I am African and grew up there so first a disclaimer: I do not
claim by my background that I have any superior knowledge of African
all through my childhood, my father 'collected.' He travelled a lot and
picked up a lot of masks, carvings, figurines, etc which formed the
decorations in our house. Growing up under his wing, we learnt to stop
at villages that were the centres of such art to to look for interesting
pieces. Never for once over the first 25 years of my life was it a
consideration that any of these pieces was 'authentic' or 'antique' in the
sense that I subsequently found to my surprise were very important for
foreign/Western collectors and determined the pecuniary valuation attached to
I have become an adult and started collecting in my own right, I have
collected on the basis my father did - the technical proficiency and aesthetic
beauty of the pieces. I have collected them as decorations rather than
as antiques or things actually used for some ceremony or the other. I
have found it difficult to stifle a laugh when I see childish, childlike and
rudimentary pieces (produced by 'craftsmen' of clearly little skill or
training) collected and assigned relatively stupendous value by Westerners on
the basis that they were 'antique', 'authentic' or 'tribal.' Several
times, I have been in a crafts market where non-African tourists were asking
about authenticity and overheard the craftsmen in a vernacular I understand
ask one of their number to stop the craftsmen from bringing in another piece
like that while the transaction was being negotiated.
continue to collect on the basis of technical proficiency and aesthetic
beauty. I care nought for the basis of authenticity or antiquity that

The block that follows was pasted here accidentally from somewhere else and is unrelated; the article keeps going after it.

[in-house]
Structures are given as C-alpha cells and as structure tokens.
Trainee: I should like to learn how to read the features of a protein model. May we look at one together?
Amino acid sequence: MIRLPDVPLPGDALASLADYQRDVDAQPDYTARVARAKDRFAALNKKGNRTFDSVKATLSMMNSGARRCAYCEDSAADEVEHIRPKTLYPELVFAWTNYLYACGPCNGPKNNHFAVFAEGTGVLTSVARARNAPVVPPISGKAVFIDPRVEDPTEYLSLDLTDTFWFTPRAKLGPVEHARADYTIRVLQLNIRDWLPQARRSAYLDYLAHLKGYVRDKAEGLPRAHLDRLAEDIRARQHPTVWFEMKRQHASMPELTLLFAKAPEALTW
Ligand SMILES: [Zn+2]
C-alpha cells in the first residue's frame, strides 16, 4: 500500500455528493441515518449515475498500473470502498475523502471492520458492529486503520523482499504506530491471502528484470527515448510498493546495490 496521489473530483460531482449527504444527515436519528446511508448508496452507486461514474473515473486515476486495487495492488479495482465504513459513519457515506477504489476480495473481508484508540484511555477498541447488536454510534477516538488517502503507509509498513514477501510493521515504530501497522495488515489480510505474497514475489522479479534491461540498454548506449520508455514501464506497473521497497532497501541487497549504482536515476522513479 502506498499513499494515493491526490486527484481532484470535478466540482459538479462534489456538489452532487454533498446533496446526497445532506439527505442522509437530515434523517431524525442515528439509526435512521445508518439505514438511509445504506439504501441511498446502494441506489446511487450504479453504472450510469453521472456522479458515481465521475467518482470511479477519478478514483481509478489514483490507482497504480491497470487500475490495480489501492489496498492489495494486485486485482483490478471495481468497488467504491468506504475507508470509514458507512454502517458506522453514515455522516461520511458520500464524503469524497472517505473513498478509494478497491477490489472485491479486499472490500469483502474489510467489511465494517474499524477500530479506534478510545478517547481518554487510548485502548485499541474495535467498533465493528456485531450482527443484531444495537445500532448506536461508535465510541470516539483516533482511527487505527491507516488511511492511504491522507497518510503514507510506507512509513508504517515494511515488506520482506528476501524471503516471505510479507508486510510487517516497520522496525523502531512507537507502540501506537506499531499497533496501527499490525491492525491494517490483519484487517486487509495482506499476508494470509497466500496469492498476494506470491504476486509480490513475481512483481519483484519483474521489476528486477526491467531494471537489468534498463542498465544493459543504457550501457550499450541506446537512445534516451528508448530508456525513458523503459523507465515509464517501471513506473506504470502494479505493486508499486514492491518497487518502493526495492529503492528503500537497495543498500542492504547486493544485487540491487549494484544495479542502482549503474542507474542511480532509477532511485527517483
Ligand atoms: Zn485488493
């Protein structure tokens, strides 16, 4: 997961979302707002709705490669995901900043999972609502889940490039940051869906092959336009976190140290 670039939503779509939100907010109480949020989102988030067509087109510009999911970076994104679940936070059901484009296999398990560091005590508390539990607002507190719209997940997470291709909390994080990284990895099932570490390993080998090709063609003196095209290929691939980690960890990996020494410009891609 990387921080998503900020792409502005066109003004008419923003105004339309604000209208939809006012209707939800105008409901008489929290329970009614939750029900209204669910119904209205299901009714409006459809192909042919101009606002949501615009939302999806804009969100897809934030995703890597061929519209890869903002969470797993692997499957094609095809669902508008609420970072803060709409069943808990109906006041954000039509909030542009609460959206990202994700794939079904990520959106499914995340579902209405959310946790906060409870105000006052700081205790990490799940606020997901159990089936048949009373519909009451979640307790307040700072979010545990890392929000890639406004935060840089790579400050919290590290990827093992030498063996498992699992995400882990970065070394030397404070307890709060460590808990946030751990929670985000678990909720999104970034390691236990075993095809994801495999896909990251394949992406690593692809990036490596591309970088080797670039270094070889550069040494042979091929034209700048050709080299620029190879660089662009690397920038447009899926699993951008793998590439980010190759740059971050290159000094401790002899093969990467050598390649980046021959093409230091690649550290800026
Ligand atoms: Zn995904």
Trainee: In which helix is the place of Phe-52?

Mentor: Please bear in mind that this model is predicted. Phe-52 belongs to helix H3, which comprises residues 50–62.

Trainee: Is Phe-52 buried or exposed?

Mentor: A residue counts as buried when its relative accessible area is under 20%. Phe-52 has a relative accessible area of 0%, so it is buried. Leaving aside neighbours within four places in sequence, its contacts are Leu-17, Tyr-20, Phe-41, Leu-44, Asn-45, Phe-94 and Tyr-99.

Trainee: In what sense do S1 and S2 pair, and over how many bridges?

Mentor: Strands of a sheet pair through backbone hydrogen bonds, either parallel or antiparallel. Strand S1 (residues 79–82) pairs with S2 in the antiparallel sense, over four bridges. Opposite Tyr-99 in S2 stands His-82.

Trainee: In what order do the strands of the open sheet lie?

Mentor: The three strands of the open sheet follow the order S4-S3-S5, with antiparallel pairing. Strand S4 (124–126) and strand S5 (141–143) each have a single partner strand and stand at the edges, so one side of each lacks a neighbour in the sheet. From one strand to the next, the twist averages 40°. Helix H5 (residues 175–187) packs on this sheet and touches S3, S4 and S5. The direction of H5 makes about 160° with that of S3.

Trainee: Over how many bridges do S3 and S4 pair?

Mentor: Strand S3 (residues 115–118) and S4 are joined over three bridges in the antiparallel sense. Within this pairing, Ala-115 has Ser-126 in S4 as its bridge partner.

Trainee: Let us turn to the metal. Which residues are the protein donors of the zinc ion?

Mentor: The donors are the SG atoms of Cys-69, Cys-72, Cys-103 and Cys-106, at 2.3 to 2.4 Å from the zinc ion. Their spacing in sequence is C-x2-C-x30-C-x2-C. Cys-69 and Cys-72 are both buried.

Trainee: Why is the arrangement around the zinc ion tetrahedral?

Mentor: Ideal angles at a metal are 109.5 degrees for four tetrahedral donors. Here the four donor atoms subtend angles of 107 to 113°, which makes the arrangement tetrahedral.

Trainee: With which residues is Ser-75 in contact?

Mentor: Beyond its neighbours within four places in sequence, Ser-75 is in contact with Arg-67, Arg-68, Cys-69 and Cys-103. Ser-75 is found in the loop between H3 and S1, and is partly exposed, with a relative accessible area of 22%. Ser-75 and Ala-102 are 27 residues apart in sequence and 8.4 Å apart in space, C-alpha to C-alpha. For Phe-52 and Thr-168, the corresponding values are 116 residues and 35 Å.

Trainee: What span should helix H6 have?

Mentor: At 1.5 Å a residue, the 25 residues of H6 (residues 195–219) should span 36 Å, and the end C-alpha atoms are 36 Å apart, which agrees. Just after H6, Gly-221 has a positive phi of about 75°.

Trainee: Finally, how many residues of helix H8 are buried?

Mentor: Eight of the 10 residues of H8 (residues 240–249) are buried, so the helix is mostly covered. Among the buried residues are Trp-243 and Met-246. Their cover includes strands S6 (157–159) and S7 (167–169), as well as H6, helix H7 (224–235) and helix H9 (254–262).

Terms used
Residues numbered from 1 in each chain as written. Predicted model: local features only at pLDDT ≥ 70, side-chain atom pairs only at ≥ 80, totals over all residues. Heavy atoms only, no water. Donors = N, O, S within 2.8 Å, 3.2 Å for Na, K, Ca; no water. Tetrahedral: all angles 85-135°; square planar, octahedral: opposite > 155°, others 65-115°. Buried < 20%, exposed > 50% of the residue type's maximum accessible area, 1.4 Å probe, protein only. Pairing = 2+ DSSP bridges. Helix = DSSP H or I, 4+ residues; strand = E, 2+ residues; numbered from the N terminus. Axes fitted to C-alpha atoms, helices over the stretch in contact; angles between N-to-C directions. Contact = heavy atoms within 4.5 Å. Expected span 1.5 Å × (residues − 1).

seems to be so prized on this forum and elsewhere. I care not whether
the pieces were made for tourists or not. I always believed they all
were anyway and have been for a long time, probably going back to sub-Saharan
Africa's first contact with white people interested in 'collecting' the
pieces, over 200 years ago.
has a lot of what I call 'literate art' as well. This is art, whether in
the form of paintings, crafts, sculpture or carvings, produced by artists
trained in the various university art faculties and the other training centres
in higher institutions of learning. This usually gets short shrift as it
is not 'authentic' African art - it is not made in rural areas and remote
villages by semi-literate craftsmen. That is a real pity. Some
stunning work exists in the literate art spheres of Africa.
thanks for the film. I laughed through many portions of it.
From: Gi Mateusen
Sent: Saturday, 29 December
[African_Arts] An Exhibition and a Film of Interest
Yesterday I had contact by email with one of the Cameroon dealers in the
documentary and this is what he wrote to me: "The documentary was just a way to
express to the world what we Africans go through in this business and also to
make people know that these rich art dealers who claim not to do transactions
with us Africans do really do them"
I know him since
more than 10 years and a lot of pieces that he presented are for sale in the
galleries in Brussels and other places, sometimes with invented
Op 29-dec.-2012, om 17:07 heeft Bob & Karen het volgende
Thanks Lee!! Does make ya wonder just what we own…I'm happy I collect
pieces I like for just what they are….
A film of BIG interest. Thank You very much, Lee !
Looking at the movement of African art into Western view and
There is a current exhibition at the Met which may be of
interest to group members: African Art, New York, and the Avant-Garde
runs through mid-April:
Also, I recently came across a film -- accessible on-line in its
entirety -- that considers various aspects of the creation, collection,
valuation and authenticity of African art. Filmed in Cameroon and
Belgium, "Je ne suis pa moi-meme" illustrates many of the topics we often
touch upon in our discussions regarding authenticity and value as well as
offering a view of the social milieu of African art trade on the African
continent and abroad.